Personal Finance

Yearly Financial Review: 2016

2015 financial review here.

This post is of course, a little late. I’m posting my 2016 financial review primarily because in early January 2018, I’ll review my finances for 2017 and wanted a point of reference for the years prior. I believe reviewing your finances on a yearly basis is enough of a balance for most people to check that they’re going in the right direction and to implement changes in the year ahead. I did this at the start of 2017 but didn’t actually make a post for it, so it’s coming every so slightly late…now more for fun and interest than practicality!

The major expense in 2016 were taking an overseas vacation and starting my business. I saved an emergency fund from $7,218 to $9,862 and added $3,576.99 in funds to my retirement account. My net worth declined from $1,930 to negative $11,565, primarily as a result of starting my business. At Dec 2016, I held zero personal investments outside of my retirement account.

Regarding short-term debt (i.e. debts excluding student loans etc), 2016 ended with slightly over $2,400 in credit card debt. By contrast, I accrued $259 in bank account interest. Long term liabilities included my Student Loan ($31,539), Business Loan ($15,000) and other loans ($21,500).

Average costs of living in Australia for a single, under 35.

Whenever I look at the average cost of living statistics for single males under 35, I’m astounded by how inexpensive living in this capital city should be. According to popular websites, a large number of people manage on less than $25,000 AUD per year – but the Australian Bureau of Statistics recorded a 35 year old (or younger) living on their own spends an average of $42,640 per year. In terms of income, the median disposable income for under 35 year olds living alone is  $50,388. Australia is a wonderful country – but damn is it expensive at the moment. According to consumer surveys it is 20% more expensive than Vienna, 13% more expensive than Nagoya and 10% more expensive than Toronto.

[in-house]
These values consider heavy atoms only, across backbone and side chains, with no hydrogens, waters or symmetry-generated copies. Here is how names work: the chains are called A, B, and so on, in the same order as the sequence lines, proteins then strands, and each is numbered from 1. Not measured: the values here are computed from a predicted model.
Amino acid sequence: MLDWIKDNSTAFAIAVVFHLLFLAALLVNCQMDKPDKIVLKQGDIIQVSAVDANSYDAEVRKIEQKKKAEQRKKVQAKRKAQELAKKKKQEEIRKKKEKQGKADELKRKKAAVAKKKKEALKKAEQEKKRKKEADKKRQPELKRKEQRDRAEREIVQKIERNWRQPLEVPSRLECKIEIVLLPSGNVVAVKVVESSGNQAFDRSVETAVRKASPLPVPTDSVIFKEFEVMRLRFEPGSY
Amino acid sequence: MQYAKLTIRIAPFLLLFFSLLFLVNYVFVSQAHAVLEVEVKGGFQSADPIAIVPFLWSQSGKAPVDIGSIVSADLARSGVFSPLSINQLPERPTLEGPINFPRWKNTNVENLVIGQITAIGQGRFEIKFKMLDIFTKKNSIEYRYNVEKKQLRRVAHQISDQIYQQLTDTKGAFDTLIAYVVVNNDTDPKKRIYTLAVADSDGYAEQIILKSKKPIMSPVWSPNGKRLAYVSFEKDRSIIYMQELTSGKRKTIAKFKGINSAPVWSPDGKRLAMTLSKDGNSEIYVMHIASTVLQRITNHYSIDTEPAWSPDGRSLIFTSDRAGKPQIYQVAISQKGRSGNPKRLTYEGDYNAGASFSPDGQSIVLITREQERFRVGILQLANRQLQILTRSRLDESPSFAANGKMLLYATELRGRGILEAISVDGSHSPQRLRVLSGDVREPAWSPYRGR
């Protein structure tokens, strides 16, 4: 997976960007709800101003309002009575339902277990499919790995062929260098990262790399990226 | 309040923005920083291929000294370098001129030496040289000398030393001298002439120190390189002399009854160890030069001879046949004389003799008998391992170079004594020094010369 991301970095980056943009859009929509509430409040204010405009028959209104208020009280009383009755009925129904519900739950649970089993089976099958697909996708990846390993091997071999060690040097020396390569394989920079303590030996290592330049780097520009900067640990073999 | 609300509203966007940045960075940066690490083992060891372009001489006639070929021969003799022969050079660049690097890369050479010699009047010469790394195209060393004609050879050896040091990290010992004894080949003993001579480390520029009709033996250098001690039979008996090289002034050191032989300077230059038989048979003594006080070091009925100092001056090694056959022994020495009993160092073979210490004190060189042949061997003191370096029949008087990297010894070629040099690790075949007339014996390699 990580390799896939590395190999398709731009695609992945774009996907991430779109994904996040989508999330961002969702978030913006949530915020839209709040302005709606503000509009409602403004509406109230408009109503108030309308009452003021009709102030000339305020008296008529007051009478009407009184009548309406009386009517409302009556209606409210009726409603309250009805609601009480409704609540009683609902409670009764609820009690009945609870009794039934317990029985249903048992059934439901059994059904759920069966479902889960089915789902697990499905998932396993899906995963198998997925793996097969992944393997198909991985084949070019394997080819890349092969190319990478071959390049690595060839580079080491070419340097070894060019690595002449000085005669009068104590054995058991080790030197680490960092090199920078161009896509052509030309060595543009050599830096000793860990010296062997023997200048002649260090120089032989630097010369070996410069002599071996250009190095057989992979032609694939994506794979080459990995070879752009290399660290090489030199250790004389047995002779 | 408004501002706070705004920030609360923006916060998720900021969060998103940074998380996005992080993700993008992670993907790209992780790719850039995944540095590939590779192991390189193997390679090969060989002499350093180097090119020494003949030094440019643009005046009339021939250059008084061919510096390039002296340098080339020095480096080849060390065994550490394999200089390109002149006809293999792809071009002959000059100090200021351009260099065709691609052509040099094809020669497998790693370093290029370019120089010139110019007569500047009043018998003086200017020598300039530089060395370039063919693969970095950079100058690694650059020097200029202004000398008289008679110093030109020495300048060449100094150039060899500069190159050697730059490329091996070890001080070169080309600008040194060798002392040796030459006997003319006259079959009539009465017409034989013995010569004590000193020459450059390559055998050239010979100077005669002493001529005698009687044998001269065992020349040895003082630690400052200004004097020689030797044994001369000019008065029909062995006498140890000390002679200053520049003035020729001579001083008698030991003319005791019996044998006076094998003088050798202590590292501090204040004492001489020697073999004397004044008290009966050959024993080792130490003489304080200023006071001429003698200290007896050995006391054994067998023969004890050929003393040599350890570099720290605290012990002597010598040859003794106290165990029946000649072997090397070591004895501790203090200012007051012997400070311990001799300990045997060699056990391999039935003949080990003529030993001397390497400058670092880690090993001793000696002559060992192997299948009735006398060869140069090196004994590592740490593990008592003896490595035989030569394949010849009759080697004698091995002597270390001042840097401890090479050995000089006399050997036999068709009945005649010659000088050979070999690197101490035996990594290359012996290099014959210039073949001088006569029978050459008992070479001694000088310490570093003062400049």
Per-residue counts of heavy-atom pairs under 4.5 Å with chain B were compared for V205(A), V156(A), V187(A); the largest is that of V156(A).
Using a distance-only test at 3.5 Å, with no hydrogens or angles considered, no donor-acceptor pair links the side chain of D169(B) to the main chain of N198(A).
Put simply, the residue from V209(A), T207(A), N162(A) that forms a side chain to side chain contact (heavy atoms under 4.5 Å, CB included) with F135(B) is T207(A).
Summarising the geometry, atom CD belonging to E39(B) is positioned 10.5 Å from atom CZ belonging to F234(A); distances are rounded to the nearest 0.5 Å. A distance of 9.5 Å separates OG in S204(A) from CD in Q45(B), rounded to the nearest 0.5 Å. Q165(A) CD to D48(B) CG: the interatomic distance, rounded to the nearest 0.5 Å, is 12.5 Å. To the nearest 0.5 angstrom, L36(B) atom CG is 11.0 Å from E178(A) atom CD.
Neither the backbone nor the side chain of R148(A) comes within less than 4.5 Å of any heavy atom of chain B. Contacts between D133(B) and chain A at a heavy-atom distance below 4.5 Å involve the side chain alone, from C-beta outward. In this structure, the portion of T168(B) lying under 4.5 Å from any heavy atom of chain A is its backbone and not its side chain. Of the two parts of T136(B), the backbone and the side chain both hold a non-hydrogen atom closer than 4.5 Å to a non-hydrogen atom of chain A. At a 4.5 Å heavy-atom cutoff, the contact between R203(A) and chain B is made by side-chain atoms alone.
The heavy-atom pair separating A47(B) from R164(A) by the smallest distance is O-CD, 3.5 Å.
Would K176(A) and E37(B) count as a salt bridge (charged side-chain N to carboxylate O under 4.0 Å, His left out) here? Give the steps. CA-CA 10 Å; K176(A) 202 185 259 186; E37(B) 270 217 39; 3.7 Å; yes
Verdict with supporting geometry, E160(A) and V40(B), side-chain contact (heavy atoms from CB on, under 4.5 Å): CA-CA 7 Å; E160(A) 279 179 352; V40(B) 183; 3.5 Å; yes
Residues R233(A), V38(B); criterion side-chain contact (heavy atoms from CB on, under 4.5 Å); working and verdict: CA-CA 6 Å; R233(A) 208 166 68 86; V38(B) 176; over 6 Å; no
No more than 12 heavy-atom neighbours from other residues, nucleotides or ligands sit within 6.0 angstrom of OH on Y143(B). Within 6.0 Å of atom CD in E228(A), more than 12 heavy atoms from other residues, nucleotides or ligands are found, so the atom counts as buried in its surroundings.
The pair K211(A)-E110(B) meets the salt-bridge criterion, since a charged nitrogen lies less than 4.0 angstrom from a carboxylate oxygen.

Income & Expenses for 2016

Total income for the year: $42,515. A chart showing source of income is below (other income represents a side hustle editing manuscripts)

Total expenses for the year: $44,189 Net deficit: – $1,674. The chart below breaks down all expenses proportionately (plus it’s very pretty!).

Above: Doughnut chart of expenses for 2016. Mmmm, Doughnuts. Top 10 categories are listed in the Table below.

Top 10 expense categories (these made up 94% of expenses)

Housing Food & Groceries Travel & Vacation Auto Health & Insurance
-$11,070 -$9,639 -$5,241 -$4,751 -$4,466
25.1%  21.8%  11.9%  10.8%  10.1%
Clothing & Personal Care Entertainment Professional Development Utilities Gym & Fitness